Nothing can exceed our respect for the Bishop of Manchester,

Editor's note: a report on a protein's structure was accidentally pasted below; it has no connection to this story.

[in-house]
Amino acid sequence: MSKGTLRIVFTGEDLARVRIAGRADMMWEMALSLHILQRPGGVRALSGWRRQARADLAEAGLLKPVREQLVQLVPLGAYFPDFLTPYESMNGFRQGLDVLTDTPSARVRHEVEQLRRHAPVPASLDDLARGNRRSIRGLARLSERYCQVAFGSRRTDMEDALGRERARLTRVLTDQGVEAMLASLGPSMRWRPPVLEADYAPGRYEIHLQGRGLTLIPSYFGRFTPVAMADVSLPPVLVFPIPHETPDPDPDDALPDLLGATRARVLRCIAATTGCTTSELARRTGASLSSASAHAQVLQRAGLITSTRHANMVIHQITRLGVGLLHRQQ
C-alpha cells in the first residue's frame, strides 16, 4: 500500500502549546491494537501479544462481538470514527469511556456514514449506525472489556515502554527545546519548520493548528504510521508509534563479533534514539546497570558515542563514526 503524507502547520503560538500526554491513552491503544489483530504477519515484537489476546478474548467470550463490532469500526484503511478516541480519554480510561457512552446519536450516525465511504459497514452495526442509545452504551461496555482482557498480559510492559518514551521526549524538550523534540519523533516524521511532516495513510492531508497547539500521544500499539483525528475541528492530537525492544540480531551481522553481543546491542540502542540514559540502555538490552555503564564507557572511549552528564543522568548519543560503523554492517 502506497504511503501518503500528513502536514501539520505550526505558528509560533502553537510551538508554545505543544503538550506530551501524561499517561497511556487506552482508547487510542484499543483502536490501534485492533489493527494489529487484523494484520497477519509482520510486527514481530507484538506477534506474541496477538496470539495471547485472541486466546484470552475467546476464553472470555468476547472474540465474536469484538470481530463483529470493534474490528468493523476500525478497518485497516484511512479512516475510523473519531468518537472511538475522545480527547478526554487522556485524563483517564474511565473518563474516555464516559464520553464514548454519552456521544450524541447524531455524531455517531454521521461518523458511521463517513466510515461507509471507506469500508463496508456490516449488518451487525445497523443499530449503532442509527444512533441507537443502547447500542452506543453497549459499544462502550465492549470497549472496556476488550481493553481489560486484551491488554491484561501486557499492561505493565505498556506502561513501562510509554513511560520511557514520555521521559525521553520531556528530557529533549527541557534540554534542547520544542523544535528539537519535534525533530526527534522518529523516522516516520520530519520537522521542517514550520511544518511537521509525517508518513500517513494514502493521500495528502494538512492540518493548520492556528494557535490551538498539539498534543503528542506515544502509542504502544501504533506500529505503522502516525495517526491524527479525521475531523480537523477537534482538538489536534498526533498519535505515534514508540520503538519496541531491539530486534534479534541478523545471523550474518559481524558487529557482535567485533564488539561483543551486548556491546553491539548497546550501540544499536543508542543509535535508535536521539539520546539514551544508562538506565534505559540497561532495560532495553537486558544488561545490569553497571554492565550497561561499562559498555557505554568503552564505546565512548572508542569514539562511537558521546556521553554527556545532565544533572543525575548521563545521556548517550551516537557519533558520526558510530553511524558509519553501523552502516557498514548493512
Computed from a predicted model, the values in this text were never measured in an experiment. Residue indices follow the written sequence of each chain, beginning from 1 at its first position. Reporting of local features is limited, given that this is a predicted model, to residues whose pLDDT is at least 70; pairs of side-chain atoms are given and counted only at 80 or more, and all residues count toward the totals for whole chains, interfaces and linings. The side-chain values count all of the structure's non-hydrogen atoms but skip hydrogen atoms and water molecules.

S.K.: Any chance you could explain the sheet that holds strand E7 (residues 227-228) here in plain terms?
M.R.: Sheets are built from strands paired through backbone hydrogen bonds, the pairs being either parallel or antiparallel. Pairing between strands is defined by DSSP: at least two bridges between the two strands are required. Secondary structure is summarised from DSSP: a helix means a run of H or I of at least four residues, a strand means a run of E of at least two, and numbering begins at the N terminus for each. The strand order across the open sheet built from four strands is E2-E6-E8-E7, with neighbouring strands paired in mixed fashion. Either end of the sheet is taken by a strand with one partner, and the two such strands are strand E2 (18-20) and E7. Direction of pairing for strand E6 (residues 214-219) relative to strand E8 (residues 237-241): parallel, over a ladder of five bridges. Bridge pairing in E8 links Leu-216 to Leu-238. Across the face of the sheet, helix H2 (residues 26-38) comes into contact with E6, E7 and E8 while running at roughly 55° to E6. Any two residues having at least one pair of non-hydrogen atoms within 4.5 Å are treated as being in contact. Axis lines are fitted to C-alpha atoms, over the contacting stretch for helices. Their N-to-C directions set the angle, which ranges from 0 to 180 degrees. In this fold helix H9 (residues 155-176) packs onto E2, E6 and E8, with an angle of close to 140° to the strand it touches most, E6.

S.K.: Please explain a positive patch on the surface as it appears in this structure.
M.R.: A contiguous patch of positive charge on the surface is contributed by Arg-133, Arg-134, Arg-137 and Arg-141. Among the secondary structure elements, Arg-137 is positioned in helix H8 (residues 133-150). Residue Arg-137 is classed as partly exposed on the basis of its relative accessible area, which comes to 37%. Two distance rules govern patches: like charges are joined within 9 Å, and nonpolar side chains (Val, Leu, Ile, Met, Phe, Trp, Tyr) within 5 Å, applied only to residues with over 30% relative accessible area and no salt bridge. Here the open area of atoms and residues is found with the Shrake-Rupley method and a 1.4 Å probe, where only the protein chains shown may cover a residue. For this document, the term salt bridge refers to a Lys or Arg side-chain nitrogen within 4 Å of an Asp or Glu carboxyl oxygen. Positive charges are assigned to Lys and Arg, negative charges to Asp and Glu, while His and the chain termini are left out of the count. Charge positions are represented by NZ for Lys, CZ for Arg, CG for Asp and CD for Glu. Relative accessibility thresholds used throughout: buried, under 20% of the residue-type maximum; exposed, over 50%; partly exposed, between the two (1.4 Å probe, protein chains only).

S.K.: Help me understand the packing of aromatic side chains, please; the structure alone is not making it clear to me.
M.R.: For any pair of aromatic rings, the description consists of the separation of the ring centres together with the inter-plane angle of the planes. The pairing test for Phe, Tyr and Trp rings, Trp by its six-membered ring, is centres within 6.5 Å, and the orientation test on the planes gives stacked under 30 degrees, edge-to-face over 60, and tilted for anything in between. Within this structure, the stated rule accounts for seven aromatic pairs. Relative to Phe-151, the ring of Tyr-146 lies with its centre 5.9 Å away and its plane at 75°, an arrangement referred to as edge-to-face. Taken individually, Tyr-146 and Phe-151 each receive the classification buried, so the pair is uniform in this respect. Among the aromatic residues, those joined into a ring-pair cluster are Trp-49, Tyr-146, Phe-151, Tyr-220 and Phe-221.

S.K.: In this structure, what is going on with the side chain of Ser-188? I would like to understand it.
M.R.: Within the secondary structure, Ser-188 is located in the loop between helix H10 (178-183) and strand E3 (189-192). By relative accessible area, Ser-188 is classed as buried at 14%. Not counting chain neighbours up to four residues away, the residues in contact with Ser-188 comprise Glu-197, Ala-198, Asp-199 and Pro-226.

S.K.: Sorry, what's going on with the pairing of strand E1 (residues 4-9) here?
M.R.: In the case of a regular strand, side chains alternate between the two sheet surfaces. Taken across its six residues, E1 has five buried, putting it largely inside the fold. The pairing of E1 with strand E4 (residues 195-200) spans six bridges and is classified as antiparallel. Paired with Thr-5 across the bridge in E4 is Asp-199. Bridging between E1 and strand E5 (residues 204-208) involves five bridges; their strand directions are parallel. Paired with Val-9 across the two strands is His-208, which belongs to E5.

but his reply to the Spectator at the Manchester banquet last week, on the subject of the proposed transformation of Thirl- mere, is not good, simply because he certainly is not acquainted with the facts of the case. It is true that Glasgow is supplied from Loch Katrine, and that Loch Katrine is not the worse for the operation, but this is simply because the natural features of Loch Katrine were not interfered with to supply Glasgow, while the essence of the Manchester proposal is to turn the lovely natural lake into a big, artificial reservoir, of totally different character ; indeed, worse still, for the water drawn off in the summer months will leave a large acreage of mud to delight the eye. That is mistake number one. Next, the Bishop hardly knows where Thirlmere is, and what is more important, sup- poses that but few tourists visit it. Why, the most frequented road in the Lake District passes right through the Thirlmere valley. That is mistake number two. Lastly, of course, we entirely deny the most important point of all, that Manchester and its environs cannot be supplied with wholesome water, except by this desolating of Thirlmere. Mr. Bateman, the engineer, did not even suggest Thirlmere ; the suggestion was made by Alder- rean Grave ; and we venture to say that the notion that if Thin.. mere is not taken, South Lancashire must suffer for want of wholesome water, is one that no competent judge of the matter amongst engineers oither does entertain or ever has entertained. The truth is, that the complete vulgarisation of Thirlmere now threatened, is in no way essential to the proper water-supply of Manchester.